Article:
White House highlights Materials Genome Initiative

Editor's note: this article is by David Turek, IBM's vice president of High Performance Computing Scalable Systems.

Today, I am participating in a White House event highlighting the first results and next steps of the Materials Genome Initiative (MGI), which President Obama announced almost one year ago.

The name of this initiative is a riff on the Human Genome Project because it intends to marshal and organize significant scientific resources to gain a deep understanding of the structure and behavior of a vast array of materials. The goal is to help U.S. companies become more economically competitive by the application of  discoveries in materials science to the development of new and improved products in a host of industries at a far greater speed and much lower cost than is currently possible.   

IBM is well aware of the challenges in advancing materials science. IBM Research started the Battery 500 Project in 2009 to develop a new type of lithium-air battery technology that is expected to improve energy density tenfold -- dramatically increasing the amount of energy these batteries can generate and store. And we invented semiconductor silicon germanium, laying the groundwork for explosive advancement in wireless products.

There are a host of other projects in materials science that could lead to new desalinization membranes, development of biopolymers for medical applications and new materials used to break the memory bottleneck in advanced computers. The list goes on for considerable length, but the pioneering insight from IBM has been to advance material research by linking experimental techniques with large scale simulation and modeling.     

To realize the goals of the MGI, it is essential that we build the right kind of supporting infrastructure. It needs to have three key characteristics:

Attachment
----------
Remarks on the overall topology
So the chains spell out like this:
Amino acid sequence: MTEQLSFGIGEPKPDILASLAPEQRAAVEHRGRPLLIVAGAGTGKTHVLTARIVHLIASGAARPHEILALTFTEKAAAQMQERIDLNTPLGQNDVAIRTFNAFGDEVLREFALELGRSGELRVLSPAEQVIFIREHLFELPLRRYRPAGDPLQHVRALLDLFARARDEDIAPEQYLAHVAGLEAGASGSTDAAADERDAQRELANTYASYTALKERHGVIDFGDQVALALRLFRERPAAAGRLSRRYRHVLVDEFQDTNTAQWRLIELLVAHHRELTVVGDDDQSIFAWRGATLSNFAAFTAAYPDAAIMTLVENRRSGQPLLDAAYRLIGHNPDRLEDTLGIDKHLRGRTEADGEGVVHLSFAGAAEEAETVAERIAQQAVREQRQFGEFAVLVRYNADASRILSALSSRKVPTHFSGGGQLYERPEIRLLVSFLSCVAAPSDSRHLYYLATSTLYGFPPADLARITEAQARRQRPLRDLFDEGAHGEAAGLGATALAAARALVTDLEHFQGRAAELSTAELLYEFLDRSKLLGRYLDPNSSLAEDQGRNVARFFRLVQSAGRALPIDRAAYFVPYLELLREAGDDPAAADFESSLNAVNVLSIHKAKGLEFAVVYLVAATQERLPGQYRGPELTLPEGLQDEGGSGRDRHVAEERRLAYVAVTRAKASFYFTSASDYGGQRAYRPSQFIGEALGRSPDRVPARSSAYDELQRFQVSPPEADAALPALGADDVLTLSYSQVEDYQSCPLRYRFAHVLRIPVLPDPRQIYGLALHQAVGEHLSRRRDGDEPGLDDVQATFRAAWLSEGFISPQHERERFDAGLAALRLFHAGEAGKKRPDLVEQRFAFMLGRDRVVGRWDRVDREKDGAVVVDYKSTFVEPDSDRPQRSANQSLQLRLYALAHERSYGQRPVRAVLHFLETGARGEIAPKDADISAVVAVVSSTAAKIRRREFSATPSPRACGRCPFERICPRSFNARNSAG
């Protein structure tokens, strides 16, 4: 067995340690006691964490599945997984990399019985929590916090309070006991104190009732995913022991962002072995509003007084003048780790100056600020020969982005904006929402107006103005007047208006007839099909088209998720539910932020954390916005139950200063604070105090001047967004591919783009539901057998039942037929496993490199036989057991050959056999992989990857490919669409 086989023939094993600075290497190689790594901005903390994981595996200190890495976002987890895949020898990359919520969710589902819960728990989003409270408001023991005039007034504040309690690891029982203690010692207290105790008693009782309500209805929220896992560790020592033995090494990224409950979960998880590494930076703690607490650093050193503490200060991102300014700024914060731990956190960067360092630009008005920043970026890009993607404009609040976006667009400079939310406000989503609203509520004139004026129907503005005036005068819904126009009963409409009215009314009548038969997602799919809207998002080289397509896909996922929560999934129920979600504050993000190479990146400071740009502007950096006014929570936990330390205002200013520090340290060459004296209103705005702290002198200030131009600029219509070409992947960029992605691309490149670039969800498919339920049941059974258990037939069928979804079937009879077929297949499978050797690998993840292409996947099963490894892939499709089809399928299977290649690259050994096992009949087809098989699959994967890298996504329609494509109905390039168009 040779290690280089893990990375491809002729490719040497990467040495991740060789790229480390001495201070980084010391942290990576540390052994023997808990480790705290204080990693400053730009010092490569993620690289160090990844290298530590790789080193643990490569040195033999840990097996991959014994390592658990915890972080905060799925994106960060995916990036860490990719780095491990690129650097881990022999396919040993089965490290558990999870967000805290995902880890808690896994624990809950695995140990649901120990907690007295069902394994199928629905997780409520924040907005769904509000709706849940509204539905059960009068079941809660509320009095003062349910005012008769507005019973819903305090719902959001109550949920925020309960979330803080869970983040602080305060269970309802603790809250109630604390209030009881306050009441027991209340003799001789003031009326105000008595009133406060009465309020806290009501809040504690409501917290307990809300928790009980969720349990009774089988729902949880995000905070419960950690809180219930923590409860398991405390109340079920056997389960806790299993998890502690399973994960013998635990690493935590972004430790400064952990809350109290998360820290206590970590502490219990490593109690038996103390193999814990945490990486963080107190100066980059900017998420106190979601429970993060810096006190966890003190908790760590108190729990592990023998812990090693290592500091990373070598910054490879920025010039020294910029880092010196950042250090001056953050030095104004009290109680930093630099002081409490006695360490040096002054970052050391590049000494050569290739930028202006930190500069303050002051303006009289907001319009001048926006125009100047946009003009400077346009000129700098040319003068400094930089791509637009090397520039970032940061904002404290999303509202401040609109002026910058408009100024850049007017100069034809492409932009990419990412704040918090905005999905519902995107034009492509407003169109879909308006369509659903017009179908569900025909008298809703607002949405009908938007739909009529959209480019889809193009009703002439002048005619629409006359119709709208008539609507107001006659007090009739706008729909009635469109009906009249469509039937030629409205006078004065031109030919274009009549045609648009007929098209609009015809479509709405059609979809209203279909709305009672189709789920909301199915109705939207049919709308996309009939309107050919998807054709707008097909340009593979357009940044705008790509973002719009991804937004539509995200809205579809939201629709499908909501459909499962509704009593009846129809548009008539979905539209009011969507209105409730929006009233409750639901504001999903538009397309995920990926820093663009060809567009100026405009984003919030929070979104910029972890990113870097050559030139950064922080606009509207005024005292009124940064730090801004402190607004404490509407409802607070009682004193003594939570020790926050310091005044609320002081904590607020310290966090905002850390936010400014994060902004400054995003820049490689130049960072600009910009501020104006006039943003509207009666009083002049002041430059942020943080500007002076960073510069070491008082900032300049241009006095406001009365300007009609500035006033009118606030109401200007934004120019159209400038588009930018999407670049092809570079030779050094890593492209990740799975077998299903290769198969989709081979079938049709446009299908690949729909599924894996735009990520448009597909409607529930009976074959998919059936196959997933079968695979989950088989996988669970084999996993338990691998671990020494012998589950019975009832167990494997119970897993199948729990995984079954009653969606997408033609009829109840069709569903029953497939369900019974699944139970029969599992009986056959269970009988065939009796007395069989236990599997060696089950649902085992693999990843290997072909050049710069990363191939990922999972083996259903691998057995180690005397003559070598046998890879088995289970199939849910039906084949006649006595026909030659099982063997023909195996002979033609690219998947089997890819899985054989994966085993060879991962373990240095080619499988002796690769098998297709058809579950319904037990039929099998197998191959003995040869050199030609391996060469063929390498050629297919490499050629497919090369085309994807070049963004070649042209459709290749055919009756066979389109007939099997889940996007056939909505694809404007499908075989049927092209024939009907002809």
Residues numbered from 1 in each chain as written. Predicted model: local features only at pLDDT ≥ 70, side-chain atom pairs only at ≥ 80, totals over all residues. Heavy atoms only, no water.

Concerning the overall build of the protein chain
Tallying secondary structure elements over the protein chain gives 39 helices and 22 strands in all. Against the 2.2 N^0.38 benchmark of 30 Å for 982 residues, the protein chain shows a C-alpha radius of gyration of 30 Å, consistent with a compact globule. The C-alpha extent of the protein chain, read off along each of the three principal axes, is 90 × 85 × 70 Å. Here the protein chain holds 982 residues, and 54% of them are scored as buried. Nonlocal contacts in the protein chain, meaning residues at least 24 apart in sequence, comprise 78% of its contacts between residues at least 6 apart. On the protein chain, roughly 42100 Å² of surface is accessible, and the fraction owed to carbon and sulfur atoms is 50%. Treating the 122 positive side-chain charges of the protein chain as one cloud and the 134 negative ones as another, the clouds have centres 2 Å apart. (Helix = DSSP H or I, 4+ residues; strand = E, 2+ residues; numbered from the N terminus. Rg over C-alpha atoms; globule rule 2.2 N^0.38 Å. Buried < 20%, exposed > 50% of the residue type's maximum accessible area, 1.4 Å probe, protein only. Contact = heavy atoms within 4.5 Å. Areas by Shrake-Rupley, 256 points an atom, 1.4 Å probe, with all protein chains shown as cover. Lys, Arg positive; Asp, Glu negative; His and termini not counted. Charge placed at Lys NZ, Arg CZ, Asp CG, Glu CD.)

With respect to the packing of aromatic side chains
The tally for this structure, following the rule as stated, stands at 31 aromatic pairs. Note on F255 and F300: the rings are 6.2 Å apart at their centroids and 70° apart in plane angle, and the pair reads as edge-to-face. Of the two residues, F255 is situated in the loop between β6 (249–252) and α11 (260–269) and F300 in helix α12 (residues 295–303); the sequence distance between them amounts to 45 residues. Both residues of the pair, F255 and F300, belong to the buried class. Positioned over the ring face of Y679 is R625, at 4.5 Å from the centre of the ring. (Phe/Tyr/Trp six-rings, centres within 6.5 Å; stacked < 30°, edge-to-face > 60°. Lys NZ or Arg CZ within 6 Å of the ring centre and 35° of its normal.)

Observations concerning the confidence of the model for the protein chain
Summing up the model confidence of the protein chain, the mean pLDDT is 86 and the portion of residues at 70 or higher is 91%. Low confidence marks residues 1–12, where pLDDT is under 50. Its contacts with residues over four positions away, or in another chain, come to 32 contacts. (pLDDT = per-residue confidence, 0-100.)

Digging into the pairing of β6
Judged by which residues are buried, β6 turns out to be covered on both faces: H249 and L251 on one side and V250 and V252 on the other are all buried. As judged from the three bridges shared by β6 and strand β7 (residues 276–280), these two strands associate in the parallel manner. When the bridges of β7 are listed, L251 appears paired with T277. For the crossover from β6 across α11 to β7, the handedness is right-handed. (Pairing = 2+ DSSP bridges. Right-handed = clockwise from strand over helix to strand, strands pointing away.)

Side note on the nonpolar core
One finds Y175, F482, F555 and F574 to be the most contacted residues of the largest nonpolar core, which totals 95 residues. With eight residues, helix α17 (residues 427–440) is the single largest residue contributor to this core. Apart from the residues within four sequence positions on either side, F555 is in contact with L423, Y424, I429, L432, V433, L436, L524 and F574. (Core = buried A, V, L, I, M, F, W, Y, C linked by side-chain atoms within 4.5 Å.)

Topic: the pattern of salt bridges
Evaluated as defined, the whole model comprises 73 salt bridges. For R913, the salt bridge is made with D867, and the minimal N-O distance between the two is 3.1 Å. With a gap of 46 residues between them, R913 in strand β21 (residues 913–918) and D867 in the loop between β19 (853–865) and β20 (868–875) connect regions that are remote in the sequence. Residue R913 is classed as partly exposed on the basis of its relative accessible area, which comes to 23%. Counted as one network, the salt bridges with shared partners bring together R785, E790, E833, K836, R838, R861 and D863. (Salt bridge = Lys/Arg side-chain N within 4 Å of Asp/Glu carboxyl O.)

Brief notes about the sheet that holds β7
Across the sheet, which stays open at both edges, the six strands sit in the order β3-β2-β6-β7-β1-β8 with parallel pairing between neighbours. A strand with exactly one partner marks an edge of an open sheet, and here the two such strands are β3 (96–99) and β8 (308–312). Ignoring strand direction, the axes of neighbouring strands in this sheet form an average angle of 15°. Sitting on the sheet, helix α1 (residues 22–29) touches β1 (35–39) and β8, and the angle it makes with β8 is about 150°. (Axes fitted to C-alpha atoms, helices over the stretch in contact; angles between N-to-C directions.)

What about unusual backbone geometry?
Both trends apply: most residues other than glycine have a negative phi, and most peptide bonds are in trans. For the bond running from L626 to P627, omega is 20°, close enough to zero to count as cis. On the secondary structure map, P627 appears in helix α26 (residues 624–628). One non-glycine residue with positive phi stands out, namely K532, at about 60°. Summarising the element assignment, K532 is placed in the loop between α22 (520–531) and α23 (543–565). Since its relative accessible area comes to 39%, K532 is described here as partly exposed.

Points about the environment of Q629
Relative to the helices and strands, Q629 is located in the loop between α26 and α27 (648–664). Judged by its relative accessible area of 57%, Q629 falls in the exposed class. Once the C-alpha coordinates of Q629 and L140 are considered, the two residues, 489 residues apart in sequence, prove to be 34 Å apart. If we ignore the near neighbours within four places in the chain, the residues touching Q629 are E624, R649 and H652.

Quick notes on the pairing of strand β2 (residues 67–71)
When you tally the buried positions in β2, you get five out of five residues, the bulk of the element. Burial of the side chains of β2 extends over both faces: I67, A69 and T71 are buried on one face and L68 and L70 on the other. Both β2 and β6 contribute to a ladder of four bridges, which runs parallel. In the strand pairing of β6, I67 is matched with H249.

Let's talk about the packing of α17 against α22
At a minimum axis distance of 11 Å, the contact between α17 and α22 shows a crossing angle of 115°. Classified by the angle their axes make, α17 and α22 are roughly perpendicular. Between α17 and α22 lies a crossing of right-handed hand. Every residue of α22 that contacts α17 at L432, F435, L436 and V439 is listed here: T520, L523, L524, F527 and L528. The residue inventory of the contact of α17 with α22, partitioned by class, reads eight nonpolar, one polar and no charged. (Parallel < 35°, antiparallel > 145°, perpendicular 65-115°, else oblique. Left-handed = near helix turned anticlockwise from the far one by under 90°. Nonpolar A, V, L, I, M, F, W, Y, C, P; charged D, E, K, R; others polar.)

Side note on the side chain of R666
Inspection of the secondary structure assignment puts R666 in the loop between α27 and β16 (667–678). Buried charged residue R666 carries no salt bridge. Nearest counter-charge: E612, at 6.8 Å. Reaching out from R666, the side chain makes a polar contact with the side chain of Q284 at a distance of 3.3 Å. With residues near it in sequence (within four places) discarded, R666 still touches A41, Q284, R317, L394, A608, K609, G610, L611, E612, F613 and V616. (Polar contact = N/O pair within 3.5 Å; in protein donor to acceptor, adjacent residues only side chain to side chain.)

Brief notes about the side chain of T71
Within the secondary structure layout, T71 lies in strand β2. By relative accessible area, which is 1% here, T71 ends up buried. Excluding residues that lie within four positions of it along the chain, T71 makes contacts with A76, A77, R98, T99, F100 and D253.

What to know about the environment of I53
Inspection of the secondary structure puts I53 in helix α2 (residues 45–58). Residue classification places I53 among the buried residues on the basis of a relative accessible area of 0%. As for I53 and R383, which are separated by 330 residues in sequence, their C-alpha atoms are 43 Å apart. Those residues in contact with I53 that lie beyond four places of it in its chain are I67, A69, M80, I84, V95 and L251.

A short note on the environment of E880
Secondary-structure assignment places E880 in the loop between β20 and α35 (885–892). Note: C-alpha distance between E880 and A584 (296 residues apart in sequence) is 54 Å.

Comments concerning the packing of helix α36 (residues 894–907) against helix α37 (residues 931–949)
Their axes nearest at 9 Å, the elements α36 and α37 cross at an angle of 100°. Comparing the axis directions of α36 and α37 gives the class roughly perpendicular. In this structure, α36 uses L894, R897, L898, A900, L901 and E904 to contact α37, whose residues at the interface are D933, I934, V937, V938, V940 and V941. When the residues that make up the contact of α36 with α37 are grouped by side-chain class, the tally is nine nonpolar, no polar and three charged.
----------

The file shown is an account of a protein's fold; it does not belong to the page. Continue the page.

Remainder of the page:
Argonne National Lab (ANL) is an example of how the right infrastructure can support materials science breakthroughs. Their IBM BlueGene/Q supercomputer, named Mira, will be a 10-petaflop computer -- meaning it will be capable of performing 10 quadrillion calculations a second, making it one of the fastest in the world. ANL researcher Larry Curtiss plans to use this added compute power to the aforementioned Battery 500 project.

A key factor in these kinds of experiments is being able to use enough atoms that scientists get a realistic response from the simulation. Working with catalytic processes, for instance, the team at ANL has been able to model reactions involving about 1,000 atoms. With Mira, they’ll be able to model reactions involving tens of thousands of  atoms.

Over at the Lawrence Livermore National Lab (LLNL), they will soon flip the switch on a 20-petaflop IBM Blue Gene/Q supercomputer named Sequoia. In 2005, researchers from LLNL and IBM were awarded the Gordon Bell Prize for pioneering materials science simulations, and the level of performance achieved, conducted on the Blue Gene/L supercomputer at LLNL. In that project, simulation capability was increased from thousands of atoms to millions of atoms, and the simulations still took many hours. With the advent of Sequoia, LLNL scientists will be able to run the same simulations in a few minutes -- or increase the fidelity of the model by adding 100s of millions more atoms.  

In the late 1990's when the Human Genome Project was coming to fruition, a whole new industry -- bio-informatics -- was born. Hundreds of new companies burst into existence seemingly overnight. My belief is that we are at the cusp of a similar phenomenon with the MGI and IBM plans to be present at the dawn of a new age in materials science.

Other Materials Genome Initiative Projects

World Community Grid: Clean Energy Project

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